smartphone obsession

Smartphone Obsession




access typically all day long
risk study (2) counterpart
chat situation find/found/found (3)
site platform spend/spent/spent (2)
tend addiction social media
treat addictive psychologist
express hook (2) pick up (3)
hooked gambling see/saw/seen
leisure slightly irritability
loss disorder in other words
usage judge (2) appropriate
at least symptom withdrawal
device neglect aggressive
restrict classic (2) heightened
chance train (2) in favor of
task case (3) recommend
duty result in take out (2)
rule (2) definitely in terms of
role (2) essential role to play (2)
as do model (3) role-model
disturb reflect (2) consumption
mobile put away know/knew/known
impose behavior concentration
inform selected responsibly
ready grade (3) adolescent
arise area (3) student body
desire device (2) open up (2)
free (2) tone (2) get out of control
appear find out companion
fulfill deal (3) recognition


Video: Social Media Addiction



Many teenagers are online all day long, typically using their smartphones to access social media.

A recent study in Germany on the risk of addiction to social media, found that eighty-five percent (85%) of twelve to seventeen year olds spend hours every day on their devices, with the chat platform, WhatsApp, the most popular site.

Girls tend to use social media more than boys. Young women between sixteen and seventeen years old spend nearly three-and-a-half hours a day online; their male counterparts are online slightly less, just under three hours.

While girls use the networks for social exchange, boys spend more time playing online games.

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Psychologist Kai Muller treats many people with addictive behavior. Most of them are hooked to gambling. But he’s seen more and more cases of what he calls addiction to social media.

Kai Muller, Psychologist: “Basically it expresses itself just like a classic addictive disorder: we have a loss of control. In other words, the patient isn’t able to judge when their usage is okay and when it’s not.

When is it appropriate to the situation? When not?

And they have withdrawal symptoms when use is restricted. In the case of young people that can express itself in an aggressive tone and heightened irritability. And they may neglect other areas of life in favor of going online.

They neglect their friends, their hobbies, leisure activities, and also tasks and duties.”

Many experts now recommend imposing rules on smartphone use.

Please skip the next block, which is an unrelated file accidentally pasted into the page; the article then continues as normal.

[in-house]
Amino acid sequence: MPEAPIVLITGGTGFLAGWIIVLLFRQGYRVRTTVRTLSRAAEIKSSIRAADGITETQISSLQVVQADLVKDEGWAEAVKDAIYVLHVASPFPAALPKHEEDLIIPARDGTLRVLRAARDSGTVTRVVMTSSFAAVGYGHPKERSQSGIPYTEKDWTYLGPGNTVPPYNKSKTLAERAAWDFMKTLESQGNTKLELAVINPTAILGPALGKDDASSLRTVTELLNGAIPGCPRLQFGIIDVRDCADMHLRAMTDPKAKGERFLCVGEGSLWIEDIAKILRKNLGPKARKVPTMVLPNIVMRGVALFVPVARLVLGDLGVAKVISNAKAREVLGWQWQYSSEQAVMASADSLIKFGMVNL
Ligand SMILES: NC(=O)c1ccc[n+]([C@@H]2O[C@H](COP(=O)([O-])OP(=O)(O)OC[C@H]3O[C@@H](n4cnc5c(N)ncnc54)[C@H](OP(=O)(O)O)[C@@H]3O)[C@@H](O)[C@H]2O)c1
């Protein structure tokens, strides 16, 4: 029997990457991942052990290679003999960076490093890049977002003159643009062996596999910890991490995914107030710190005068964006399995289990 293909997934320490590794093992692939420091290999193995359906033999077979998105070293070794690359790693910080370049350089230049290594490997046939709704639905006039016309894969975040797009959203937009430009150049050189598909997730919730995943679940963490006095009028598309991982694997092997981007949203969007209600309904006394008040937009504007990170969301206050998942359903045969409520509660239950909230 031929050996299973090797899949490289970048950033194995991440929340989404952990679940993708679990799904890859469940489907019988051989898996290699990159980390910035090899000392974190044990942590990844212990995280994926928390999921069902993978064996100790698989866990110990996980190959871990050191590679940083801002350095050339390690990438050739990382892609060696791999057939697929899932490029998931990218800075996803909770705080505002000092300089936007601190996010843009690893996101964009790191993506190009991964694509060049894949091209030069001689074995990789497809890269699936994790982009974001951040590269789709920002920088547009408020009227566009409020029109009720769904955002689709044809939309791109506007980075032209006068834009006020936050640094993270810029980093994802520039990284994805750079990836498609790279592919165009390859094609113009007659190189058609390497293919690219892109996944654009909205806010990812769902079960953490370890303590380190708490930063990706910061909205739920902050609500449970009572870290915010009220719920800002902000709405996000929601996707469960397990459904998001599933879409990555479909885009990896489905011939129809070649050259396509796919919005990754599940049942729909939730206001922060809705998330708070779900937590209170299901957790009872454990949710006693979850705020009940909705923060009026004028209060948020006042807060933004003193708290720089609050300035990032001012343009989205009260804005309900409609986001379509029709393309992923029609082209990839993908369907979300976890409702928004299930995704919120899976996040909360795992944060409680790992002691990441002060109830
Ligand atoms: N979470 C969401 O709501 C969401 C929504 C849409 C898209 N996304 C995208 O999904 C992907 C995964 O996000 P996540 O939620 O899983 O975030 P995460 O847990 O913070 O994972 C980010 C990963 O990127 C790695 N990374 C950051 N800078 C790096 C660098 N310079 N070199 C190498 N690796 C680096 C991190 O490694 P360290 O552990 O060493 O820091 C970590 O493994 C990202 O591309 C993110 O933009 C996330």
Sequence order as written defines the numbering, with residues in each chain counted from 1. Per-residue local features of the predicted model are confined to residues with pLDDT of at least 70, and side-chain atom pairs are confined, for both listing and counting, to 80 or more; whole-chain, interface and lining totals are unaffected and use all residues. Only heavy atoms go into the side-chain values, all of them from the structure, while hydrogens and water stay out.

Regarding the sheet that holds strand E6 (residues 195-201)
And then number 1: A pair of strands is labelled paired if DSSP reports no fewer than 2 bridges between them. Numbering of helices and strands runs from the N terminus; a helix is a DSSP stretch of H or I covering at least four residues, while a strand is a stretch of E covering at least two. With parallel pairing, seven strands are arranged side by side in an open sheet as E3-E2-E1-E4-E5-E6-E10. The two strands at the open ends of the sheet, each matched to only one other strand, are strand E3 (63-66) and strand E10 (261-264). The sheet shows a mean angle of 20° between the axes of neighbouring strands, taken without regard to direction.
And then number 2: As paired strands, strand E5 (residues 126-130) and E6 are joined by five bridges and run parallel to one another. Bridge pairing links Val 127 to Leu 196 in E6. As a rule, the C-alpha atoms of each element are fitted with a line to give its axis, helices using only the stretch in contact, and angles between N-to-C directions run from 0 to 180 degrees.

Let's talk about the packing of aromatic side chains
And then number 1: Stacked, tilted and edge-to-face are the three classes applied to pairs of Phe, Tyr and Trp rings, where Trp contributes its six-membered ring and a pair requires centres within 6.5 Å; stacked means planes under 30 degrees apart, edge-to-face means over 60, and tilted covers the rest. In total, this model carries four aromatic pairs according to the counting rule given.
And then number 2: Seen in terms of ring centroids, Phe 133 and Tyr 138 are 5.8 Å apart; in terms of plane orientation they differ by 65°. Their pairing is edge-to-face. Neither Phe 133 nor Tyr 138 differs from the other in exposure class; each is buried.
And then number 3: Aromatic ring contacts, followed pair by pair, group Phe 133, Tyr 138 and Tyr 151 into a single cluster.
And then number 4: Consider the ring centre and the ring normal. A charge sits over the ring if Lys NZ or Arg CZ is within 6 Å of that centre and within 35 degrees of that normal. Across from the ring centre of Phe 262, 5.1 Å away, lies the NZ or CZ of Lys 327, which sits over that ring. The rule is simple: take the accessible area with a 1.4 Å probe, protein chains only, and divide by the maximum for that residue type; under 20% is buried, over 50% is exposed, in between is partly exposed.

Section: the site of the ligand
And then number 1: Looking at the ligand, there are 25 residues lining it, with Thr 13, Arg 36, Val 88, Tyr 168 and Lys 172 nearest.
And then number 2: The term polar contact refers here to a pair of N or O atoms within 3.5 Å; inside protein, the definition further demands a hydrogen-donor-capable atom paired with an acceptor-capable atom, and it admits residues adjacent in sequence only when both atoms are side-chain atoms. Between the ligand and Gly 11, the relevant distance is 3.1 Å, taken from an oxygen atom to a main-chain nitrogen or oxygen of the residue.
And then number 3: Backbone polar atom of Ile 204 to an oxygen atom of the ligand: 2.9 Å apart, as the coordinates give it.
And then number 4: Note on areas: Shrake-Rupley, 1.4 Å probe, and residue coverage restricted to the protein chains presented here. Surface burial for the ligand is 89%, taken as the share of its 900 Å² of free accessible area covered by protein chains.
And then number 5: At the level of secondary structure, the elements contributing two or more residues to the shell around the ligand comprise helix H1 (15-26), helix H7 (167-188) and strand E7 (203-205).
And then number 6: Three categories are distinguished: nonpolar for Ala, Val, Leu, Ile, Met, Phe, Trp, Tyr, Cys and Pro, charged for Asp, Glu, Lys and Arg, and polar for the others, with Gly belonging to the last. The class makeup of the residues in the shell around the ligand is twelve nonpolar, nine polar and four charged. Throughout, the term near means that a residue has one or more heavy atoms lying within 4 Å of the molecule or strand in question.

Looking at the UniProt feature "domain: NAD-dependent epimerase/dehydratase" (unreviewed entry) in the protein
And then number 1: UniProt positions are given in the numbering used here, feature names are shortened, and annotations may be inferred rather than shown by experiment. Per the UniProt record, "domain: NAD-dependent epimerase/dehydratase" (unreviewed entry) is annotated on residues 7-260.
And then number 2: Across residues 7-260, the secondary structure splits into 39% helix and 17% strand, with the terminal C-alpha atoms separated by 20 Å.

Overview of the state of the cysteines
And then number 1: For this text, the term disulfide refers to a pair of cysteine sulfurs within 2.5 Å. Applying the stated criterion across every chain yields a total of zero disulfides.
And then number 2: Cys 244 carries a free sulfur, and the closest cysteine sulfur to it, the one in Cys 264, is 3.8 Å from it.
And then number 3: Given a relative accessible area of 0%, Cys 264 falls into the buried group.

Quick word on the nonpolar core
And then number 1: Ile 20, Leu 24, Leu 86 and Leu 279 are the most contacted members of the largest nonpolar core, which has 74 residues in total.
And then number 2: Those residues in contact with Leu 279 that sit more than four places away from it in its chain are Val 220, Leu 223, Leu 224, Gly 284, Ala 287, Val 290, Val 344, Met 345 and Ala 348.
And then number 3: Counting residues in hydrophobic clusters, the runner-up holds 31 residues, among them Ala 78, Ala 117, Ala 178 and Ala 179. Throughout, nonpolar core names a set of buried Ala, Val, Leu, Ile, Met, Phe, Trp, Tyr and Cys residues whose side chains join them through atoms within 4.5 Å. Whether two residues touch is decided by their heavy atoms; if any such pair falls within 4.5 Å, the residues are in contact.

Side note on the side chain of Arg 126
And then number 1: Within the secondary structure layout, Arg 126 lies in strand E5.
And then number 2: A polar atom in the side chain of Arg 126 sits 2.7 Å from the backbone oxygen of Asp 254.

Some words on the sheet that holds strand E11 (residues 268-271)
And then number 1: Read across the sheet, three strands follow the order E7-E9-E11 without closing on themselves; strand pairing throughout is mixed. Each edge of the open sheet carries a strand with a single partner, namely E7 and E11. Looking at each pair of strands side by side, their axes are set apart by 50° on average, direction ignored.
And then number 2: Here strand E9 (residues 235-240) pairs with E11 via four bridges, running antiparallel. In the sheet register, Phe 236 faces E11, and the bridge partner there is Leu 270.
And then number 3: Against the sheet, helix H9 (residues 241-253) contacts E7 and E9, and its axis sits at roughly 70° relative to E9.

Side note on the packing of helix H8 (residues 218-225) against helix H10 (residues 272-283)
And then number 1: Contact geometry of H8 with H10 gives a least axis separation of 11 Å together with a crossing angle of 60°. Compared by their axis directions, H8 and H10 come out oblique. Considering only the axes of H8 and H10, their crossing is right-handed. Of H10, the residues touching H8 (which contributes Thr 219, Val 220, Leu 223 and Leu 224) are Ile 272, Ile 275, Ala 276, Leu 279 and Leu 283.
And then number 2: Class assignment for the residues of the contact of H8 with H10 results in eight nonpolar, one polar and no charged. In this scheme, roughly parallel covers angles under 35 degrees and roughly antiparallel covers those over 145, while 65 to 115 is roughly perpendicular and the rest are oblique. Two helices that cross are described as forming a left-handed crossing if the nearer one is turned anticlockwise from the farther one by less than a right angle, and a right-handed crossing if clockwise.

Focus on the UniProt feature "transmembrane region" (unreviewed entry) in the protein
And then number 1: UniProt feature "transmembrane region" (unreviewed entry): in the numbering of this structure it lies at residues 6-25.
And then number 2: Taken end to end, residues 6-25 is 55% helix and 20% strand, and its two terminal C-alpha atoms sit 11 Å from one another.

Kai Muller, Psychologist: “When is it okay to take out your smartphone? And at what time should you definitely NOT use it? These are essential rules.

And parents have an important role to play there, as do the schools and teachers. Parents tend to be role-models in terms of media consumption, and we know that adolescents pick up a lot from them.”

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It’s very important to put away mobile phones at night; they disturb your sleep, which can result in poor concentration during the day.

Many schools have now banned mobile phones. In recent years, teachers have been training their students in media usage. In this school, even ten year olds take part in regular project days to learn how to use social networks responsibly.

Teachers and older students selected from the student body, work together to get the youngest kids ready for the digital world.

Ann-Katrin Low, Teacher: “We want to inform the children of the problems that can arise, and give them a chance to reflect on their own usage-behavior.

Many students get their first smartphone when they are in the fifth grade. It opens up a whole new world for parents too.

Mother: “We try to find out when the devices are being used, so it doesn’t get out of control.

Father: “There ought to be at least one digital-free day a week.”

Social media only appears to fulfill the desire for friendship and recognition.
That’s why it’s so important to learn how to deal with WhatsApp and other platforms.

And it’s crucial to not let your smartphone be your constant companion. Otherwise you could risk getting hooked.

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Art. Teenagers usually spend their time studying, doing their homework, exercising, riding bicycles, reading books, painting and sculpting. True or false?

PE, Physical Education. Are the most popular websites about learning math, science, English and arts and crafts?

Reading and Writing. Girls and boys use their devices for the same things. They do the same activities online. Is this right or wrong?

Arithmetic, Mathematics, Math. According to experts, is it possible to become addicted to the internet? Is it possible for the internet to control people?

History. Which is more important for people hooked on the internet, games and social media; or their friends, homework and hobbies?

Literature. If teenagers don’t have internet access or their smartphones, it’s no problem; they will be happy. Is this correct or incorrect?

Science. Are parents and teachers proud and happy that children always use their smartphones?


Biology. I know some people who are hooked (addicted) on the internet. Yes or no? If yes, what do they do online?

Music Class, Band Class. How widespread is smartphone addition? It is very widespread, it’s widespread, some people are addicted, some aren’t. It’s not an issue (a problem). It is rare. It doesn’t exist.

Chemistry. Why are some people addicted to their devices or the internet?

Physics. Everyone is worried about online addiction. Everyone thinks online addition is a serious problem (very bad). True or false?

Algebra, Geometry, Trigonometry. What will happen in the future?

Shop Class, Woodworking.
What should teenagers, parents and teachers do?

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